“Now here consider that St. Paul numbreth a Scolder, Brawler, or a Picker of Quarrels, among Thieves and Idolators, and many Times there cometh less Hurt of a Thiefe than of a railing tongue. For the one taketh away a Mans good name, the other tuketh but his Riches, which is of much less l'alue and Estimation, than is his good name." -Homily XII. pt. 1.

(2) SCENE III.- Not poppy, nor mandragora.) “ The herb Mandragoras some writers call Circeium; two or three roots it hath of a tleshie substance running downe into the earth almost a cubit, and a fruit or apple of the bignesse of filberds or hazel-nuts, within which there be seeds like unto the pippins of peares. In some countries they venture to eat the apples or fruit thereof: but those that know not how to dresse and order them aright loose the use of their tongue thereby, and prove dumbe for the time. And verily if they be so bold as to take a great quantity thereof in drink, they are sure to die for it. Yet it may be used safely ynough for to procure sleepe if there be good regard had in the dose, that it be answerable in proportion to the strength and complexion of the patient.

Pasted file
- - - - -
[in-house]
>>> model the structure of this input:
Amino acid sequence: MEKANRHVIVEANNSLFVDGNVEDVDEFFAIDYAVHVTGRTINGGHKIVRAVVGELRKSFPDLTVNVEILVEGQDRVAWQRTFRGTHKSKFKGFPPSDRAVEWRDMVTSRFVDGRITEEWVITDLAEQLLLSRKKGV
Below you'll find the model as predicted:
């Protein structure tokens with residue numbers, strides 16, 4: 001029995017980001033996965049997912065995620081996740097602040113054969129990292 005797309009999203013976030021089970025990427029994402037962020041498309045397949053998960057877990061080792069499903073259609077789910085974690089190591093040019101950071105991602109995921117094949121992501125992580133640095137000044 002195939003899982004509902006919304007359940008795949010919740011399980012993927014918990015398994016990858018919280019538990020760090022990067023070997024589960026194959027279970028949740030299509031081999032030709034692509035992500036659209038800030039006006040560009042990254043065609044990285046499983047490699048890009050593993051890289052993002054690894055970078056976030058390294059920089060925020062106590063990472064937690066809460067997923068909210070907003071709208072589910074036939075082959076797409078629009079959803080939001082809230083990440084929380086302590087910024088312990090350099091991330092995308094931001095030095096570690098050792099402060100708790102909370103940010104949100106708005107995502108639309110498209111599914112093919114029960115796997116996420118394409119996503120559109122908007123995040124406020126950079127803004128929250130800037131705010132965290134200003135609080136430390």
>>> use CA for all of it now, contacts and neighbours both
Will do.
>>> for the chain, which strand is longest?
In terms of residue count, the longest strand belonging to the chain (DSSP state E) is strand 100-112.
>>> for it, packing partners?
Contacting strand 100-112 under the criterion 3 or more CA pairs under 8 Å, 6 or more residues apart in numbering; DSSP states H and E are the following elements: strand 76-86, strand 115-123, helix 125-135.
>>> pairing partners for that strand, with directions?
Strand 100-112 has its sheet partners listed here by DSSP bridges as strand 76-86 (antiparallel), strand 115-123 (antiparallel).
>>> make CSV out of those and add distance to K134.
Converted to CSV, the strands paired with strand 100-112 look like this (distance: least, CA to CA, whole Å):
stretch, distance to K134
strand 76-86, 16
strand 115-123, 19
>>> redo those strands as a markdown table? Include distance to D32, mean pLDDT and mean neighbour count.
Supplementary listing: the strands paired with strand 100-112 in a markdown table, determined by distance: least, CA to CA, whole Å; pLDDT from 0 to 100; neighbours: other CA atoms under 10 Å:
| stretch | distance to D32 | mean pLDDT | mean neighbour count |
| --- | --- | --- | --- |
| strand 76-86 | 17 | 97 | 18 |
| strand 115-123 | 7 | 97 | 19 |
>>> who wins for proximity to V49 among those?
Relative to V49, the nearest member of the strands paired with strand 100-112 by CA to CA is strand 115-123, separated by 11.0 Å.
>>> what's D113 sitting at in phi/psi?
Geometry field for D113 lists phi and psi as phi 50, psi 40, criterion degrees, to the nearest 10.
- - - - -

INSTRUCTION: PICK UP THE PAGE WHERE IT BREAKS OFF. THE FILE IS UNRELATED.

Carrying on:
Also it is an ordinary thing to drink it against the poyson of serpents : like rise befo the cutting, cauterizing, pricking, or launcing of any member to take away the sence or feeling of such extreme cures. And sufficient it is in some bodies to cast them into a sleepe with the smell of Mandrage."-PLINIE's Natural Historie, Bk. XXV. ch. 13.

* To threape. To dispute.